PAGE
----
I'll add more as time goes on but overall, I am, by far, more pleased with this unit than any others that I have had. Overall pluses in picture quality easily beats the others. I WILL be keeping this one!

By the way, in case you may be interested, the MAIN reasons why I returned the other brands is as follows:

Samsung DLP: Sub-par black levels, too bright, NO 3-D effect, and an annoying habit of changing digital channel numbers stored in memory on its own.

Sony SXRD: Slight greenish tinge to skintones (and everything else) that could not be corrected with out making things worse, somewhat "soft" HD picture at times.

Zenith Plasma: Very soft HD picture, Random red sparkles in dark areas of picture (LG thing?), Dynamic contrast was annoying

Again, these comments are just my mostly subjective opinions....take them for what they are worth. You can decide that.
post #23 of 121
Did you by any chance try the QAM tuner (HD through regular cable) and if not could you? Everything else sounds good but I'm curious about it's sensitivity as I don't have a cable box nor a good HD antenna but get all the local HD channels in my basic cable. Thanks.
post #24 of 121
Quote:
Originally Posted by kutyafal View Post

Did you by any chance try the QAM tuner (HD through regular cable) and if not could you? Everything else sounds good but I'm curious about it's sensitivity as I don't have a cable box nor a good HD antenna but get all the local HD channels in my basic cable. Thanks.

Sorry, I have not tried QAM....I don't currently have cable.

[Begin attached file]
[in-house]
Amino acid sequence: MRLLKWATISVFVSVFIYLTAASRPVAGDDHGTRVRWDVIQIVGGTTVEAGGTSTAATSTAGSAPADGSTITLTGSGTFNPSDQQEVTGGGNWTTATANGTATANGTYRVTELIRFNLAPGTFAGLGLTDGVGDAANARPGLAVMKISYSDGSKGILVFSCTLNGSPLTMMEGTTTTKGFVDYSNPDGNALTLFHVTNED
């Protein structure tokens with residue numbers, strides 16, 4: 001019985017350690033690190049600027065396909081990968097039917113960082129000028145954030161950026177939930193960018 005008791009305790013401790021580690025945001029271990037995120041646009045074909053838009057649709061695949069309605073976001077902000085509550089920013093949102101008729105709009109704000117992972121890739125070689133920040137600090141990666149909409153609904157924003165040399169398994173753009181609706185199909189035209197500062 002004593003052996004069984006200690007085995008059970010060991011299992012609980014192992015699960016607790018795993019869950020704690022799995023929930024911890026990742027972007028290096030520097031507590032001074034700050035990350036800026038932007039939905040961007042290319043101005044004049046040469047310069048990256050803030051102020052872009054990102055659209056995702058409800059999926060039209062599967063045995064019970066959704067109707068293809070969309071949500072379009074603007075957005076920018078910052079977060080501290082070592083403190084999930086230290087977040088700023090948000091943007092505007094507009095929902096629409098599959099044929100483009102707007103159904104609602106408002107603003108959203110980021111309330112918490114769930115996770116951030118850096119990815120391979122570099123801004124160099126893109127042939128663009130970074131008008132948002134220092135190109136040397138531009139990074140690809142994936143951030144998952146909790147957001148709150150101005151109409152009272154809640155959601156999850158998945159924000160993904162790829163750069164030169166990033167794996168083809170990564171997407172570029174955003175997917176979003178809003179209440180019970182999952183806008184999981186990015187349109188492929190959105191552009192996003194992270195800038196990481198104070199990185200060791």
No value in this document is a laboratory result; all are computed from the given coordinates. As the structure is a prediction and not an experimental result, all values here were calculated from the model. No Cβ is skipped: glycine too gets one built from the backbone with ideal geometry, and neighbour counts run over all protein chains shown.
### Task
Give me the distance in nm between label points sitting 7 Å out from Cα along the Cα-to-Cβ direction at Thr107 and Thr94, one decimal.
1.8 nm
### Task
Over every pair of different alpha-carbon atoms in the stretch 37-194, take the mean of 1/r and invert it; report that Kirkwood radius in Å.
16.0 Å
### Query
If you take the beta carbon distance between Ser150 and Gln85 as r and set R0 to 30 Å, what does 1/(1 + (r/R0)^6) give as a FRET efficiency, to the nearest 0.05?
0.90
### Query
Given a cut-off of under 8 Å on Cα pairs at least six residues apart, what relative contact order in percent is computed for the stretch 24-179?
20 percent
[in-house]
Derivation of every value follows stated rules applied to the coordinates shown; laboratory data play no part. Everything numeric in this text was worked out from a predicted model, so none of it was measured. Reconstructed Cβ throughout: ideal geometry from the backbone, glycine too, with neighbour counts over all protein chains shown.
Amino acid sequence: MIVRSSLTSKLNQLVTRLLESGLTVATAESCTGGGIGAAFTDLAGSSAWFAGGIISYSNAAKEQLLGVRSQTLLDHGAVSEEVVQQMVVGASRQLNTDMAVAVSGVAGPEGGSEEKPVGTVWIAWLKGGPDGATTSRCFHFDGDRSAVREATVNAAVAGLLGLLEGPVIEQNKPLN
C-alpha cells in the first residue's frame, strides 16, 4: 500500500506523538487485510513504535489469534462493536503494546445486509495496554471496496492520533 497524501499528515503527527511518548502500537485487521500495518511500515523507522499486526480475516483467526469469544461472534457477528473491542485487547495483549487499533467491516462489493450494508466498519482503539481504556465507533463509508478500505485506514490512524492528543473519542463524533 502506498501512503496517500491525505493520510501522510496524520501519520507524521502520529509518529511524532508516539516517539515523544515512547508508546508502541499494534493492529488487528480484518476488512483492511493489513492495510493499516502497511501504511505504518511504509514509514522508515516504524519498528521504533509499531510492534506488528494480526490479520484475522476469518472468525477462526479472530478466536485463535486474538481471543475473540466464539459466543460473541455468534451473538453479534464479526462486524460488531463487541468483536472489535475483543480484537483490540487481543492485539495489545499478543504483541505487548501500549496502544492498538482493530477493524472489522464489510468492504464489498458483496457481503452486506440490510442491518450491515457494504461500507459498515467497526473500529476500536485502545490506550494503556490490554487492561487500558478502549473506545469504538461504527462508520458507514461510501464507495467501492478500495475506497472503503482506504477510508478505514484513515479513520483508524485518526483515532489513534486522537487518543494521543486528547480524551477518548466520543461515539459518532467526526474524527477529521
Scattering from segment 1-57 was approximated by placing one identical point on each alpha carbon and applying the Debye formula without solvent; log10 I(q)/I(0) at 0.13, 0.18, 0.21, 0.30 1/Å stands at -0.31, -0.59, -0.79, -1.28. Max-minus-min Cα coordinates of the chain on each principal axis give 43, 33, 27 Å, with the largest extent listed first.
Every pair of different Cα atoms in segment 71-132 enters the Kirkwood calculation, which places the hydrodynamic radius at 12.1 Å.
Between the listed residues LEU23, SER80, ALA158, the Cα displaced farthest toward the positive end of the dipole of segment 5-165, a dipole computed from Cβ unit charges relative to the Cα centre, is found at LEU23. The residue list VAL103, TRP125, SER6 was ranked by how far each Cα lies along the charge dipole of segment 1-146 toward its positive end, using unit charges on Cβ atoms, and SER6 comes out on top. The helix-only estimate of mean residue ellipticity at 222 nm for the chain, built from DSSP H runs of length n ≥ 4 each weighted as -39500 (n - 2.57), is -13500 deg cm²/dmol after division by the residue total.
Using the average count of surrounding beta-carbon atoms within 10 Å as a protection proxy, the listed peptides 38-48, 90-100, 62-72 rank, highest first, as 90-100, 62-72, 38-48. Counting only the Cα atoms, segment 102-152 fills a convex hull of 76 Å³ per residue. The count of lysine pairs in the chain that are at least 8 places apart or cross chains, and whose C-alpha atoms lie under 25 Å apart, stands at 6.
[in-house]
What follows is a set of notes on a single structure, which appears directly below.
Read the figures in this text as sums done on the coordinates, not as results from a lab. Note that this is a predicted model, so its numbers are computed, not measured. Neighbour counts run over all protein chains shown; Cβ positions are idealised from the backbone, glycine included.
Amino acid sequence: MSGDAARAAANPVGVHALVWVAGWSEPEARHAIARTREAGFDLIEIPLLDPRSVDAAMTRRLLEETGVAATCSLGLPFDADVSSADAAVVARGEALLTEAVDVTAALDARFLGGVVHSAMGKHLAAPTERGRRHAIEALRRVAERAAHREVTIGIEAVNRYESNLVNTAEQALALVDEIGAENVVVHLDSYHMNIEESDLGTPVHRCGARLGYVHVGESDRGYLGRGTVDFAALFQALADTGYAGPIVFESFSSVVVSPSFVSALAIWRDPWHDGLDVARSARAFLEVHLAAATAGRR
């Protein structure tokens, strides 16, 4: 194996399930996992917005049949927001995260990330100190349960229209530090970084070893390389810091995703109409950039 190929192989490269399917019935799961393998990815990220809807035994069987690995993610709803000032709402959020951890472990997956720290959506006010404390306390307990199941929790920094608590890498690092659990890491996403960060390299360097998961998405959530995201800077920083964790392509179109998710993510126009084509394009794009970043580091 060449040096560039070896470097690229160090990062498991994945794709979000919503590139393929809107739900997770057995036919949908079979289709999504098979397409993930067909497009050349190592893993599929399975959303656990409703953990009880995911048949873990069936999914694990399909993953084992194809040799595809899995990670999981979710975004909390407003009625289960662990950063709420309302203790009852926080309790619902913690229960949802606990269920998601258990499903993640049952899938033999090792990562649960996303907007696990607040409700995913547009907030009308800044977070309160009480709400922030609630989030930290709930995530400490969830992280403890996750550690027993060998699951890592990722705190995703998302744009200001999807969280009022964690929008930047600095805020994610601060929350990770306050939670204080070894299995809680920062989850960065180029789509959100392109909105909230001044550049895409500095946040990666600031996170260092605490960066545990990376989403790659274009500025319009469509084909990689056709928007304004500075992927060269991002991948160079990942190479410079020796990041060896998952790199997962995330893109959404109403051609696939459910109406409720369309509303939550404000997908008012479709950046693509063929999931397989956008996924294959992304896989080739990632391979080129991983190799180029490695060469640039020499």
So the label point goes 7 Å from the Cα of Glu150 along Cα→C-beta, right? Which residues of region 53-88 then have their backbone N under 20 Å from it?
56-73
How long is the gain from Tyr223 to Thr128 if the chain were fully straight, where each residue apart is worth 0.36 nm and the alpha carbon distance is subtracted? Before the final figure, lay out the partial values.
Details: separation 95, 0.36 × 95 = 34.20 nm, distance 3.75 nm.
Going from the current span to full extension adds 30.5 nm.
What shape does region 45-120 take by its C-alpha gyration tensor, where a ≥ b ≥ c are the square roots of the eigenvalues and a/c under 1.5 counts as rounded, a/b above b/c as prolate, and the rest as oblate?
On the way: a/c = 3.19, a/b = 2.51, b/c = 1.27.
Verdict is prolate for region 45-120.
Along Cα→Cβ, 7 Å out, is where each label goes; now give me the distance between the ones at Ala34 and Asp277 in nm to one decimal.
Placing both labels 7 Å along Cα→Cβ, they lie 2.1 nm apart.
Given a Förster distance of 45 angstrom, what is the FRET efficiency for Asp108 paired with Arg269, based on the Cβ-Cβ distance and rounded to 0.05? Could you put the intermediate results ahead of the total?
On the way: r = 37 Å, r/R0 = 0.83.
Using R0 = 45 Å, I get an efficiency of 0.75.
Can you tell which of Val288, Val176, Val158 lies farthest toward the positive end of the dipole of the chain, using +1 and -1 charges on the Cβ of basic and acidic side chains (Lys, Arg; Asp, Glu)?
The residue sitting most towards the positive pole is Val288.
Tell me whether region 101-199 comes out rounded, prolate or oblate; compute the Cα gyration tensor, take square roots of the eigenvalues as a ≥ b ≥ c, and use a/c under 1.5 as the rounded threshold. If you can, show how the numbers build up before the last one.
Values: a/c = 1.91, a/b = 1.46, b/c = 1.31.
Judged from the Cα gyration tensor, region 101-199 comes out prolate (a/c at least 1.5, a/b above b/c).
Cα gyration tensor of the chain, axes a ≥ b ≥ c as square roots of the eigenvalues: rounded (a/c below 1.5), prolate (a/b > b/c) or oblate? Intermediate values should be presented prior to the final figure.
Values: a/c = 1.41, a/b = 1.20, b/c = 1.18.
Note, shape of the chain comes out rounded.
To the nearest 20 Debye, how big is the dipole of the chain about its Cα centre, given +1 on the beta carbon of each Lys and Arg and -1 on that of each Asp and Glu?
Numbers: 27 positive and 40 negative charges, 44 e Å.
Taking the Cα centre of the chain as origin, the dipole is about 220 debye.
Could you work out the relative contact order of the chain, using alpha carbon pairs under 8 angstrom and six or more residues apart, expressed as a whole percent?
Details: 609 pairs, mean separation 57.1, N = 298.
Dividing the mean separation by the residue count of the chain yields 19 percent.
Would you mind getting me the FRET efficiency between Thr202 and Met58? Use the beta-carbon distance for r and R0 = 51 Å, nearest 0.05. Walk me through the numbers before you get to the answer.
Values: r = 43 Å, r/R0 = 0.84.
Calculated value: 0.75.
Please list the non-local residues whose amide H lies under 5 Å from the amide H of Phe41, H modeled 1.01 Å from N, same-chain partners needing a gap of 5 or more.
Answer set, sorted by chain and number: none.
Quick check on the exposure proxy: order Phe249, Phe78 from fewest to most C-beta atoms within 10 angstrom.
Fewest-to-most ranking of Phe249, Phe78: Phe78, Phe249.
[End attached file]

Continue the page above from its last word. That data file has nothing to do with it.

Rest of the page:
post #25 of 121
Thread Starter 
polyscroll, how do you watch OTA SD and OTA HD? Do you use splitter? Or does SD mean 480i DTV?
post #26 of 121
Quote:
Originally Posted by Ungermann View Post

polyscroll, how do you watch OTA SD and OTA HD? Do you use splitter? Or does SD mean 480i DTV?

SD in my case is both 480i DTV and 480i from satellite over S-Video. Both are quite acceptable for me. Haven't tried SD through Analog RF input yet.
post #27 of 121
Here some Tech info that I found in the 4216HD/5016HD Service Manual and looked up on the web:

These TVs use the following Integrated Circuits:

Genesis FLI8662 Scaler/De-Interlacer/Controller:
True 10-bit video processing
Faroudja 10-bit DCDi
Faroudja 3D combfilters
Advanced PIP features
10-bit Advanced Color Management (ACM) and Adaptive Contrast Control (ACC)
and much more....

Silicon Image SiI 9023 HDMI Receiver/Input Controller
HDMI 1.2 Compliant
HDCP 1.1 Compliant
Supports up to 1080p input
24-bit RGB/YCbCr 4:4:4
16/20/24-bit YCbCr 4:2:2
8/10/12-bit YCbCr 4:2:2
Audio Decode Logic for Dolby Digital and DTS
and much more.....

Sony CXA2069Q Audio/Video Switch
7 inputs, 3 outputs

Micronas MSP 4450K Multistandard Sound Processor
Handles all Audio Processing
TruSurround XT

The boards in this unit appear to be built by Humax using quality components. The main processor is made by Pioneer.
The PDP Panel is made by Pioneer but it is still unclear what gen panel this is (6th or 7th). The service manual lists AWU1212 (50") which on Pioneer's parts website is shown to be used in the 5016HD and the 5070HD/5071HD. Pioneer's website lists an AWU1233 for the 5016HD.